“I’ve always been rather active since I was young, and she gave me a different perspective. As nurses, we face different challenges every day. You get to see and do what others can’t, such as Cardiopulmonary Resuscitation (CPR) and Thoracostomy. You don’t get to witness these things every day.”

Intrigued, he enrolled in nursing school. Through the process, he became sure that nursing was a career he wanted to pursue.

Meanwhile, he is still passionate about cooking. “If I were to become a chef, I would make sure that people are well-nourished. As a nurse, we are doing the same thing. The only difference is that we take care of patients.”

Dad’s surgery impacted their decision to join nursing

Alvin shared that their dad’s surgery had influenced their decision to choose nursing as a career.

Their father had previously gone for an operation to remove a lump on his neck. At that time, they were worried and unsure if it was cancer. “We were there when they removed the lump. The nurses comforted us and explained to us what was happening.”

After his dad’s surgery and with some persuasion and encouragement from his twin sister, Alvin decided to enter the nursing industry with her instead of pursuing the culinary arts.

The pair of siblings joined nursing in 2016 and are now in their 4th year. Alvin is currently working in the neurology ward, taking care of patients who have suffered from strokes or neurological issues. He assists them with their daily activities and medication. Additionally, he also assists doctors with lumbar puncture and other surgeries.

When asked about some unforgettable experiences, he spoke of seeing his patients through their recovery process and working with fellow nurses. “Every patient leaves a lasting impression. Patients come and go but those who work with you are like family. They go through obstacles with you.”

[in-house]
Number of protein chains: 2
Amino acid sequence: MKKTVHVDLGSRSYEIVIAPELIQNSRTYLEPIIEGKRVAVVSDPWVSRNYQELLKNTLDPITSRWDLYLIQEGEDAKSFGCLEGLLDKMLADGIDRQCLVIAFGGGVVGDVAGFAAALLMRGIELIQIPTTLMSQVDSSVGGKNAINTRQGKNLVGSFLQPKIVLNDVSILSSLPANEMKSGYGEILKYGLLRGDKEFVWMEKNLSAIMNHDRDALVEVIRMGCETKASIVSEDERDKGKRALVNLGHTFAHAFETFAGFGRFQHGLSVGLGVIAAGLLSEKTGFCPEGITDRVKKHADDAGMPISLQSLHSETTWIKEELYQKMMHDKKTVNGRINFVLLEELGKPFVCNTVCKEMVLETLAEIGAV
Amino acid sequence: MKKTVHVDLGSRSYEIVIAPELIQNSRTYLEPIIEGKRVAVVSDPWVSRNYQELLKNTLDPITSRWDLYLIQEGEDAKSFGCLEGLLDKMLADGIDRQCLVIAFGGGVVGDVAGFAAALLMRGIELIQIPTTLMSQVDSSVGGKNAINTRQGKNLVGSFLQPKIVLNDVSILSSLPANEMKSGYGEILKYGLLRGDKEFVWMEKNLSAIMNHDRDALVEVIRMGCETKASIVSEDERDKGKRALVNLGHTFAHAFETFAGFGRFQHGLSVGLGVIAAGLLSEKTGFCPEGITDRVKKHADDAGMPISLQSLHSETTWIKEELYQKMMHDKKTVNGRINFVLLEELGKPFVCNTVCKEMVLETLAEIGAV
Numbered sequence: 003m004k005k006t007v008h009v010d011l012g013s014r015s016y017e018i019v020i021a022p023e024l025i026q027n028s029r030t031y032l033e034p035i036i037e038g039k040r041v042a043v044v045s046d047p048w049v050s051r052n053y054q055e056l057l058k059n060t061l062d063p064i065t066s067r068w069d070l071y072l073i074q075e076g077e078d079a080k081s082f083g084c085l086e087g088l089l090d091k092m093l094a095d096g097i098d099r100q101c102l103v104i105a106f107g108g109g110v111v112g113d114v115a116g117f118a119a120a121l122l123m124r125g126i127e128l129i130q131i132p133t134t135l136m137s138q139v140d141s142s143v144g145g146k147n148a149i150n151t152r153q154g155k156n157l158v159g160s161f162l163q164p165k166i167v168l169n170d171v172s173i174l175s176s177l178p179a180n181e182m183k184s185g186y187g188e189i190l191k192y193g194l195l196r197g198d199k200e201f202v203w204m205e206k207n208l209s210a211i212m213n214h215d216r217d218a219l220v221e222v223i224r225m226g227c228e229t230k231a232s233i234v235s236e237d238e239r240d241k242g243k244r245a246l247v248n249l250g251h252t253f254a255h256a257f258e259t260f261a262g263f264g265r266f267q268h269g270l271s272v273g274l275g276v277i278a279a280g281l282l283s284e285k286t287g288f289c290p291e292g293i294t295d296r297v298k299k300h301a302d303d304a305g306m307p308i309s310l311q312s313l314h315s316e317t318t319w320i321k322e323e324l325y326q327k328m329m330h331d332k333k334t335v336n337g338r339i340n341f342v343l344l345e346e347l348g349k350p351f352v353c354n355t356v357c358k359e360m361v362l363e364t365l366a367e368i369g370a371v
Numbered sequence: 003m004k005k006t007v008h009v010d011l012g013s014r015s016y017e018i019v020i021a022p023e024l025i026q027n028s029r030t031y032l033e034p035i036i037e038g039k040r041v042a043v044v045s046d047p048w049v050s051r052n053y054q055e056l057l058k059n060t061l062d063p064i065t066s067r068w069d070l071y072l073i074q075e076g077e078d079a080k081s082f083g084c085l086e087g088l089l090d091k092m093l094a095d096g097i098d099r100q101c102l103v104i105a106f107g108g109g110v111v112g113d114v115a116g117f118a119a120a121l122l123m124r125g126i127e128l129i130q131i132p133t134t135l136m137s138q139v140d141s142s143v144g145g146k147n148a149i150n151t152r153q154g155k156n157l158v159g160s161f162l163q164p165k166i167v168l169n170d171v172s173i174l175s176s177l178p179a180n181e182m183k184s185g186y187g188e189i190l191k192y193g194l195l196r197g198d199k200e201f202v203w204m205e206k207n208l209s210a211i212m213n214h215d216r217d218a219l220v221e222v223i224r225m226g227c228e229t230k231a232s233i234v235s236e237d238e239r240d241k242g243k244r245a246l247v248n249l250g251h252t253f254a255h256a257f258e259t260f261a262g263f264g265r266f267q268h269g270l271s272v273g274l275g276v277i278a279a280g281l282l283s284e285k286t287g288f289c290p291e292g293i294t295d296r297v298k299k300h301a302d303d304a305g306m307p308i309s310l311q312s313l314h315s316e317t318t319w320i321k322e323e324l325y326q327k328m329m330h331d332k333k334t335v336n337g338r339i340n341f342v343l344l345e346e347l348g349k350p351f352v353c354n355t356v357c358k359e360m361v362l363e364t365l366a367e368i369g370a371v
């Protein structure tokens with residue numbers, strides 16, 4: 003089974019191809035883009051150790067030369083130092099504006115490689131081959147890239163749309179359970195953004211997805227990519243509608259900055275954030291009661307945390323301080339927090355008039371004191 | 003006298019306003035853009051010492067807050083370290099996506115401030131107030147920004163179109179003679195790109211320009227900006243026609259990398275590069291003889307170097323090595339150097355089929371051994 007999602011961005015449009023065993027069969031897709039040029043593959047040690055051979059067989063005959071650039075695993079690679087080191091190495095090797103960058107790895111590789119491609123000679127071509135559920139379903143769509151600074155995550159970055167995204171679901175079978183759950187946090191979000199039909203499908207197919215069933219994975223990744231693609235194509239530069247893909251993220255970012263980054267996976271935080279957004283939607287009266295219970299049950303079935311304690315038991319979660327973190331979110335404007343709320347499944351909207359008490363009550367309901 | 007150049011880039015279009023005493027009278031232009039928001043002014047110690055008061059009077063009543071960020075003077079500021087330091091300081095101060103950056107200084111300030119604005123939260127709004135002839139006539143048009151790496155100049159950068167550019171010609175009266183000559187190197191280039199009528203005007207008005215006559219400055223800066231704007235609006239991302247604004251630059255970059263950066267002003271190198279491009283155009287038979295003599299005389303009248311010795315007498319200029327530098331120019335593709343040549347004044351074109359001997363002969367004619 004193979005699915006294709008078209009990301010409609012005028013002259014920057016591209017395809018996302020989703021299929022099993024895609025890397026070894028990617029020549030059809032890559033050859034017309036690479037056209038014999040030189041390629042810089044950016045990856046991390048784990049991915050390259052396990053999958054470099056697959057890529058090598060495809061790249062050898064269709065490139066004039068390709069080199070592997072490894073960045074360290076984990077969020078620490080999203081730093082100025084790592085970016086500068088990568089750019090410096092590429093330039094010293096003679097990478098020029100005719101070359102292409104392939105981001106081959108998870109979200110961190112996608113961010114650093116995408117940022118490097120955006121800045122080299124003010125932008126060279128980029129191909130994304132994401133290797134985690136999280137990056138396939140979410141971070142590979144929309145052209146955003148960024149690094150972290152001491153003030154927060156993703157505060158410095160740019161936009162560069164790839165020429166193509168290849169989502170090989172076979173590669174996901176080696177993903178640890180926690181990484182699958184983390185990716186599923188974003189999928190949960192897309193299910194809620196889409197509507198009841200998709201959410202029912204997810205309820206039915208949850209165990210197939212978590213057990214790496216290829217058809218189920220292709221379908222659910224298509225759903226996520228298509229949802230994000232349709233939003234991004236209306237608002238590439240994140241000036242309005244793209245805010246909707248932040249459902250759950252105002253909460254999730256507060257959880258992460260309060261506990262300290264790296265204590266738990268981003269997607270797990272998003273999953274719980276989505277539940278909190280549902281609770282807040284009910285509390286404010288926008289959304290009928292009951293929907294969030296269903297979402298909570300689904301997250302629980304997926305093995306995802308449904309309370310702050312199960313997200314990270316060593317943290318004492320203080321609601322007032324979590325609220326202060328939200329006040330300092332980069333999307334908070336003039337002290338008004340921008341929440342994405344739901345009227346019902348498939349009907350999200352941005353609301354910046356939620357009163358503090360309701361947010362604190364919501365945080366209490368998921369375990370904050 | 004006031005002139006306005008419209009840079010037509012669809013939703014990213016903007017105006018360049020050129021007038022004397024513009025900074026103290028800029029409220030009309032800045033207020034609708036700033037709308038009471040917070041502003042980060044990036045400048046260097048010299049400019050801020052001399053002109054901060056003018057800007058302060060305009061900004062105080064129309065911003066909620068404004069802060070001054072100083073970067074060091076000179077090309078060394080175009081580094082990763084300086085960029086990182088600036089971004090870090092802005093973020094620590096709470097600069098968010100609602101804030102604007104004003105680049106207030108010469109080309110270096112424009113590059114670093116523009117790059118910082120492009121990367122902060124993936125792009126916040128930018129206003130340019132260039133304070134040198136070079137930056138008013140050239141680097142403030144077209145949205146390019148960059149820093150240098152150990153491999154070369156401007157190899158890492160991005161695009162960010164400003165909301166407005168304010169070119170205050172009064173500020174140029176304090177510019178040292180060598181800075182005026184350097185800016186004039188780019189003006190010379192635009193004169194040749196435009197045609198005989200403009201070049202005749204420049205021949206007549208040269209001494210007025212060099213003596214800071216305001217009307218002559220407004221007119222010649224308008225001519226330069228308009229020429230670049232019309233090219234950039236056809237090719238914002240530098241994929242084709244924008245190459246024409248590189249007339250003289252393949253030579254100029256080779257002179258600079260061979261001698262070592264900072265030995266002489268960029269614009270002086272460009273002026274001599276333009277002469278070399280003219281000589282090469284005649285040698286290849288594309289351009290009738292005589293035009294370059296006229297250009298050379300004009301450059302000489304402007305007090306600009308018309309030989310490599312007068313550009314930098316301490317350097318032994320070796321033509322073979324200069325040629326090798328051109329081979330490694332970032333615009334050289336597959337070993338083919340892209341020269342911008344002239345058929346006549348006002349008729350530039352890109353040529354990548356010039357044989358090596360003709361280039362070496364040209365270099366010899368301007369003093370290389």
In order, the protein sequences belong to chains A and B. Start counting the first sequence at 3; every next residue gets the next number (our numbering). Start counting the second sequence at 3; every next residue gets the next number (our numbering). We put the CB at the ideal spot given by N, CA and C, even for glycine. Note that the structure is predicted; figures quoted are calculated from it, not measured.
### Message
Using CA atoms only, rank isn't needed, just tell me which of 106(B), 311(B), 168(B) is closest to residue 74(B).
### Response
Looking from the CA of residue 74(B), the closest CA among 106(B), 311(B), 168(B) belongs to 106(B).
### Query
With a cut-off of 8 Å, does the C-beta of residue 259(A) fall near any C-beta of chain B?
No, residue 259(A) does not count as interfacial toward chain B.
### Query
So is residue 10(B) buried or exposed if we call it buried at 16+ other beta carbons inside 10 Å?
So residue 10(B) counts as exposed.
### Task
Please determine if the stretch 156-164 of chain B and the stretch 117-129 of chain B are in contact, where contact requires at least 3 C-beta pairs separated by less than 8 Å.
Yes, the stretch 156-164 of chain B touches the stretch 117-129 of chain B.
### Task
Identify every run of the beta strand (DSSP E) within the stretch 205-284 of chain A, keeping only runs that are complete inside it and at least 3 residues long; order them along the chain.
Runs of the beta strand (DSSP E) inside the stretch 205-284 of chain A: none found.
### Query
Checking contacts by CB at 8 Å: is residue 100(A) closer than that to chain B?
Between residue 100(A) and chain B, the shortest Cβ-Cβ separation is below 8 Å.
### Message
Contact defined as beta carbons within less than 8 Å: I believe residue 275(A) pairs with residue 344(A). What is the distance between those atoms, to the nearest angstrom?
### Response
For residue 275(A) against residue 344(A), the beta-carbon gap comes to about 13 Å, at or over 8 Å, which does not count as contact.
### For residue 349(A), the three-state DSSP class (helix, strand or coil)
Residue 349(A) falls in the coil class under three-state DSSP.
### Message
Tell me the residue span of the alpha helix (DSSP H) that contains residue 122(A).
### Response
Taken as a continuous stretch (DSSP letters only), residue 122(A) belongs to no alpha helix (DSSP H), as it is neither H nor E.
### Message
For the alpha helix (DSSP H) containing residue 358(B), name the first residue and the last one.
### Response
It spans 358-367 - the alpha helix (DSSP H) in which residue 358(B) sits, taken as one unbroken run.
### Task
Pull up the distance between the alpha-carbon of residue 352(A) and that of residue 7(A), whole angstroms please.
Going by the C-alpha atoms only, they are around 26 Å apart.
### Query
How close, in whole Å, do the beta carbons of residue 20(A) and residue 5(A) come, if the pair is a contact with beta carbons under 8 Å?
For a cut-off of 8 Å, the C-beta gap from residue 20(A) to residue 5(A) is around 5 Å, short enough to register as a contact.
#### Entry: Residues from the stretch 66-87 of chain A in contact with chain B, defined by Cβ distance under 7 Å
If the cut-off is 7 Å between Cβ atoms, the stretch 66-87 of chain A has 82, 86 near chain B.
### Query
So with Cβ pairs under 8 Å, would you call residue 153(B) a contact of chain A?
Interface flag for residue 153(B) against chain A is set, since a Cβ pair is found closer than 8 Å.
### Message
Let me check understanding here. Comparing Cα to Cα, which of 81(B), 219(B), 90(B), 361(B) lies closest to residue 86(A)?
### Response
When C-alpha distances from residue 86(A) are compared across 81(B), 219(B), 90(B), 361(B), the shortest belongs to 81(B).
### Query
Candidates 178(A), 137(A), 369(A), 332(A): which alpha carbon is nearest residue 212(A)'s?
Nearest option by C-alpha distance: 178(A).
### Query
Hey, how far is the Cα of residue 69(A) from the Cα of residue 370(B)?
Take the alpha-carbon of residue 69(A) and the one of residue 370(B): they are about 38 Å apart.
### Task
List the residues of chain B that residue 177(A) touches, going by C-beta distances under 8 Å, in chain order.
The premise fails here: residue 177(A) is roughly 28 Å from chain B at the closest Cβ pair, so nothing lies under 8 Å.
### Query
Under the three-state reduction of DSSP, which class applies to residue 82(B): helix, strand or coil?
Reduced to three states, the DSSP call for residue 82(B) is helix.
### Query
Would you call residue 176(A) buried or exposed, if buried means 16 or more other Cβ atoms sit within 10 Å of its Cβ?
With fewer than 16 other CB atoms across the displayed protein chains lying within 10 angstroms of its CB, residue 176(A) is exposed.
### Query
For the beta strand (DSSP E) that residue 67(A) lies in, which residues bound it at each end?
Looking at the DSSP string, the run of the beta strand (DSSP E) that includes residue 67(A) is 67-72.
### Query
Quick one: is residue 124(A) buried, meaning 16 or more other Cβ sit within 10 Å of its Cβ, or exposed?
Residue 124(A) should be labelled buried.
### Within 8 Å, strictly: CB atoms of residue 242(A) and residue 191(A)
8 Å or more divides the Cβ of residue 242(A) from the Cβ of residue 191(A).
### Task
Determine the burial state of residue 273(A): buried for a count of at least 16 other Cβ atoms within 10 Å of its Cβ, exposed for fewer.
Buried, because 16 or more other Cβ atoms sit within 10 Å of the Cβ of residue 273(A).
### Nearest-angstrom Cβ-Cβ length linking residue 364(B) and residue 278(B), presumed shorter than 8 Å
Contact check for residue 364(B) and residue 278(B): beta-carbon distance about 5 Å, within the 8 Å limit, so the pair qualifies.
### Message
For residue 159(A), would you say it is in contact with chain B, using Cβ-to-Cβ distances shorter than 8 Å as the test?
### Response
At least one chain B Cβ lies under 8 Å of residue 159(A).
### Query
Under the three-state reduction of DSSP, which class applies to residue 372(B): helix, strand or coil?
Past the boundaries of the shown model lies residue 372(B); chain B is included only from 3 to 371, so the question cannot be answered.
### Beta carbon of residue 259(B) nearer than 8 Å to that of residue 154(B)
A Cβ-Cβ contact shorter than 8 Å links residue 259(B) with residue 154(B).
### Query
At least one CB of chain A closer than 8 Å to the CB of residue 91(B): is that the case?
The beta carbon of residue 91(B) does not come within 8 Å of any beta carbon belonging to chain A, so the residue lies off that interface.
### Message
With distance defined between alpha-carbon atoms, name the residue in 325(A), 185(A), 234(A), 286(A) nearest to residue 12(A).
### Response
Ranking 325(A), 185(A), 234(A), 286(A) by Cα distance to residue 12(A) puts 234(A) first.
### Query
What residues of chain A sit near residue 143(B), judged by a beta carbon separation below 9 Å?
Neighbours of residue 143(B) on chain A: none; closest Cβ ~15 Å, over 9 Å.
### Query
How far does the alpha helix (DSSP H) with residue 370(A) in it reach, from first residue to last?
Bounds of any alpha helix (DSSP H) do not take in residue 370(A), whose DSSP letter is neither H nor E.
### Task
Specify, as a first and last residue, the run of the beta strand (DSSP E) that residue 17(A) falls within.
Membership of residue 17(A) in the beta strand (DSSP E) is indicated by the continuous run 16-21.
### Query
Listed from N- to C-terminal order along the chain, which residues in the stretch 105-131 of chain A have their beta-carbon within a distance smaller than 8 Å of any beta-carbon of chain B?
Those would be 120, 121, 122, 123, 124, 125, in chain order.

Making patients feel at home

The pair of siblings also described nurses as the “gatekeepers standing between the living and the dead”. Adeline shared, “When a patient collapses due to a sudden heart attack, nurses like us who are next to them are the first responders. We get to save people and change their lives. To us, this makes nursing even more special.”

Adeline currently works in one of the COVID-19 wards, taking care of suspected and confirmed COVID-19 patients. Together with a team of nurses and doctors, she would also help elderly patients stay in touch with their families. 

She pointed out that the elderly in these wards usually live with their families. So, being isolated in quarantine wards might leave them fearful and homesick.

Adeline would help some of the elderly patients contact their families or encourage their loved ones to prepare some home-cooked meals for them. “With that, though they are not staying at home, it helps to make them feel more at home here.”

She shared that patients and their loved ones are grateful. “Sometimes, when the families hear the patient’s voice, they feel relieved. That assurance makes a huge difference.”